12.12.2011

The magic of big, fat, soft, warm rain drops.

This is Ben at some tender age.  All the books tell me to get closer, get closer.  Fill the frame.  But if I filled the frame I'd miss the wonderful negative space of the black dog.  I'd miss the diaphanous ambiguity of the railings disintegrating into nothingness and the giant drops peppering the frame with motion.  And it wouldn't add to the feeling of a child's tentative exploration of big rain.

Sometimes we take images for the memories we think they'll evoke.  But mostly we take them to try and freeze the bittersweet rush through life.

I don't know which camera or lens I had in my hands other than it was a 35mm film camera.  The lens must have had a fast aperture and the shot was on Kodachrome 64 slide film.  It didn't matter.  It hardly ever matters.

13 comments:

Tofuphotography said...

Such beautiful writing. Thank you for the evocative picture. It take sme back to my childhood and playing in the rain

Anonymous said...

I am unabashedly in love with this photograph and in awe of the writing. Amazing combination of talents.

Paul Glover said...

I'm a recent grandfather and can very much relate to the aim of trying to stop time with a camera, grab little slices of it as it rushes by.

The camera doesn't matter, as long as it isn't one which actively prevents you from getting the shot at all.

Marten said...

Thank you for reminding me of a great truth and that is "Practice makes Perfect"" though I rather hope that the notion of perfection is a moving target and simply does not exist just keeps on developing (forgive the pun) and become all the more complex and interesting!

thequietphotographer said...

Theory as we all read in the books is useful. But photography is also about emotion. And breaking some rules can give more emotion. Yes, the dog and the rain give a great contribution to this photo.
robert

Richard said...

As this post reminds us, we must remember that they are not rules but guidelines. They work most of the time and are good starting points. But if we always followed the rules, photography and our images would be boring. I keep getting drawn back to the expression on Ben’s face and trying to determine if he is happy or sad. I can see why you like this picture. As always, thanks for taking the time to post.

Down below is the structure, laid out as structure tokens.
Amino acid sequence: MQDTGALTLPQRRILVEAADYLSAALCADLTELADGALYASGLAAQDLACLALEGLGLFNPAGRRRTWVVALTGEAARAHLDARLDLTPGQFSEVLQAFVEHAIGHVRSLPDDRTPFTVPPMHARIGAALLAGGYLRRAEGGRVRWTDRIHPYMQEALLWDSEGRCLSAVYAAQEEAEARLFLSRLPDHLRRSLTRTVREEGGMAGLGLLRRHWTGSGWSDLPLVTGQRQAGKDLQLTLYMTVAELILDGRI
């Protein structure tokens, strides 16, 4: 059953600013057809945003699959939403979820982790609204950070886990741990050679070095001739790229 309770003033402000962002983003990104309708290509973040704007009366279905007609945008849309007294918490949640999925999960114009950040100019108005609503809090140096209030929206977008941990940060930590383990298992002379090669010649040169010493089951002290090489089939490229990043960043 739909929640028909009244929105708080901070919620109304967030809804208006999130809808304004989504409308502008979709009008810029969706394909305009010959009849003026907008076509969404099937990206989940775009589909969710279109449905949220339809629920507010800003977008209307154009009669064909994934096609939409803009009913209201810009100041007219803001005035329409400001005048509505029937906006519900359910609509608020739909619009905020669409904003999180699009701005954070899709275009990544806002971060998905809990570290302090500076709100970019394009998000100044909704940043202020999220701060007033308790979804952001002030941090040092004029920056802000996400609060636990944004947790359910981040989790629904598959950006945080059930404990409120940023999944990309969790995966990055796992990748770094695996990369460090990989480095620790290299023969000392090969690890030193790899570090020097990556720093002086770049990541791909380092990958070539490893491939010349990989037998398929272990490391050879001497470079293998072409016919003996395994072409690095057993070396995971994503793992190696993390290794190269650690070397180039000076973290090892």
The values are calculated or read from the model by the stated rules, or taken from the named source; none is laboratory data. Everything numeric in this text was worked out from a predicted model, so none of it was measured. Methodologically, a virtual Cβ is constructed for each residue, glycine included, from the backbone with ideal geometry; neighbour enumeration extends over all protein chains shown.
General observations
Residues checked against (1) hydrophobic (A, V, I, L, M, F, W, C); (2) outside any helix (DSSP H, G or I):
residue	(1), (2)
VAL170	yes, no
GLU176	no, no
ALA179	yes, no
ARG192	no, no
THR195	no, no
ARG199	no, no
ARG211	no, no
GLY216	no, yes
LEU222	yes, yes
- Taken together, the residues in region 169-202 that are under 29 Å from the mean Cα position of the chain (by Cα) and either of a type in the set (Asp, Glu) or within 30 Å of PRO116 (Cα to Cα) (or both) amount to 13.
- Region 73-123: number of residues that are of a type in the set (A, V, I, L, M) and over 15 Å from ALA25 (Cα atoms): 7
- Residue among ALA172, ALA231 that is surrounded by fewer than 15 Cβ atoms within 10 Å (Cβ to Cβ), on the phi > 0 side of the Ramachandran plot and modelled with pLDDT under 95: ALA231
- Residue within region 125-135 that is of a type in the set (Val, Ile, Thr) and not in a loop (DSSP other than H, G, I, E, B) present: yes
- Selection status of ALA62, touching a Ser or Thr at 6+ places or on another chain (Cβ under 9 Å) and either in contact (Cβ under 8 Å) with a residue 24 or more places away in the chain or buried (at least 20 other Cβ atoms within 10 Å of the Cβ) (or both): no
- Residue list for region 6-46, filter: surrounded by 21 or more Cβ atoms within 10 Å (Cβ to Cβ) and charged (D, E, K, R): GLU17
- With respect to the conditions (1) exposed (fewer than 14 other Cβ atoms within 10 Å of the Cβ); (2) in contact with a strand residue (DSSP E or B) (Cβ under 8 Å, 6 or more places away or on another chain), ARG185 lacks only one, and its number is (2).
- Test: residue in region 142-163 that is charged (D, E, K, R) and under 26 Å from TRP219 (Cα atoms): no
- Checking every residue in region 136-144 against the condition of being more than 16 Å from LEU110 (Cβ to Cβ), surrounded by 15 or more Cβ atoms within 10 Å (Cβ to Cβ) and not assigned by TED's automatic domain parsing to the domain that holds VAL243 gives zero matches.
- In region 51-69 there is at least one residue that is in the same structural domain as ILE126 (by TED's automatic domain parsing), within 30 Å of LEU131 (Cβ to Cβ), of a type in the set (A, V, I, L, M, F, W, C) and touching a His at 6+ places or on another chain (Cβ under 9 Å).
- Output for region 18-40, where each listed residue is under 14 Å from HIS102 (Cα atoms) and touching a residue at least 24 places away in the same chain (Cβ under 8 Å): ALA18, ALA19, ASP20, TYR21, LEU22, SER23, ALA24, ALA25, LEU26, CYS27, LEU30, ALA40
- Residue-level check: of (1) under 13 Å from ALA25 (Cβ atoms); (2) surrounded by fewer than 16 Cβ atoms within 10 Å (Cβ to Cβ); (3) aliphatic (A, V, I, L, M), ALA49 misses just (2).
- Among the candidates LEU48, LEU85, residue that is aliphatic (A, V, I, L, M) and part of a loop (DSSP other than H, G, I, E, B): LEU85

Eric Elsewhere said...

it's funny, I need to keep telling myself to go wider, not to fill. usually there is so much interesting stuff going on in the background.

Wil said...

"All the books tell me to get closer... Fill the frame"

Which is probably great advice for people like me, who still haven't learned how to compose (or crop) very well. :-)

But all the books and advice don't really matter if you captured what you want... As a relatively new father, I too am bent on freezing those slices of time. Doing so, combined with the enjoyment of real-time, is simply amazing.

Megan | Photo Contest said...

Beautiful shot. Now I miss those childhood days playing in the rain. :) Sometimes, we have to break the rules or forget about theories and just do what we think is best. I'm glad you didn't took a closer shot on this photo. :)

Andy said...

As a father of a child of similar age to Ben (as he is here) this really struck a chord with me. But this is so much more than just a childhood snapshot - there are so many yummy details here: the rain, railings, expression, mysterious legs, patient shadow dog....
Superbly evocative, I think one of your best Kirk! And as someone who regularly extols the virtues of "filling the frame" to friends who will listen, this has been a real lesson learnt.
Thanks
Andy

Christian said...

What a beautiful picture! I like all the compositional elements you describe, but I LOVE the expression on Bens face - will he laugh or cry next?

FotoEdge said...

Pictures like this are MilePosts in a person's Life. And when they are beautiful and have a Sparkle, a Texture and an off-handed casual feel they are etched in your mind forever. Timeless little notches on our lifeline.

John said...

kirk, you did fill the frame! i don't think anybody ever said that filling the frame means that one has to be very tightly cropped.

i spent a week this year with Jay Maisel and he had a great and very succinct version of this. "Nothing in your image is neutral. Everything is either working for you or against you. If it is working against you, it shouldn't be there."

While he had many great comments and ideas, I would say that was my greatest takeaway from my time with him.

John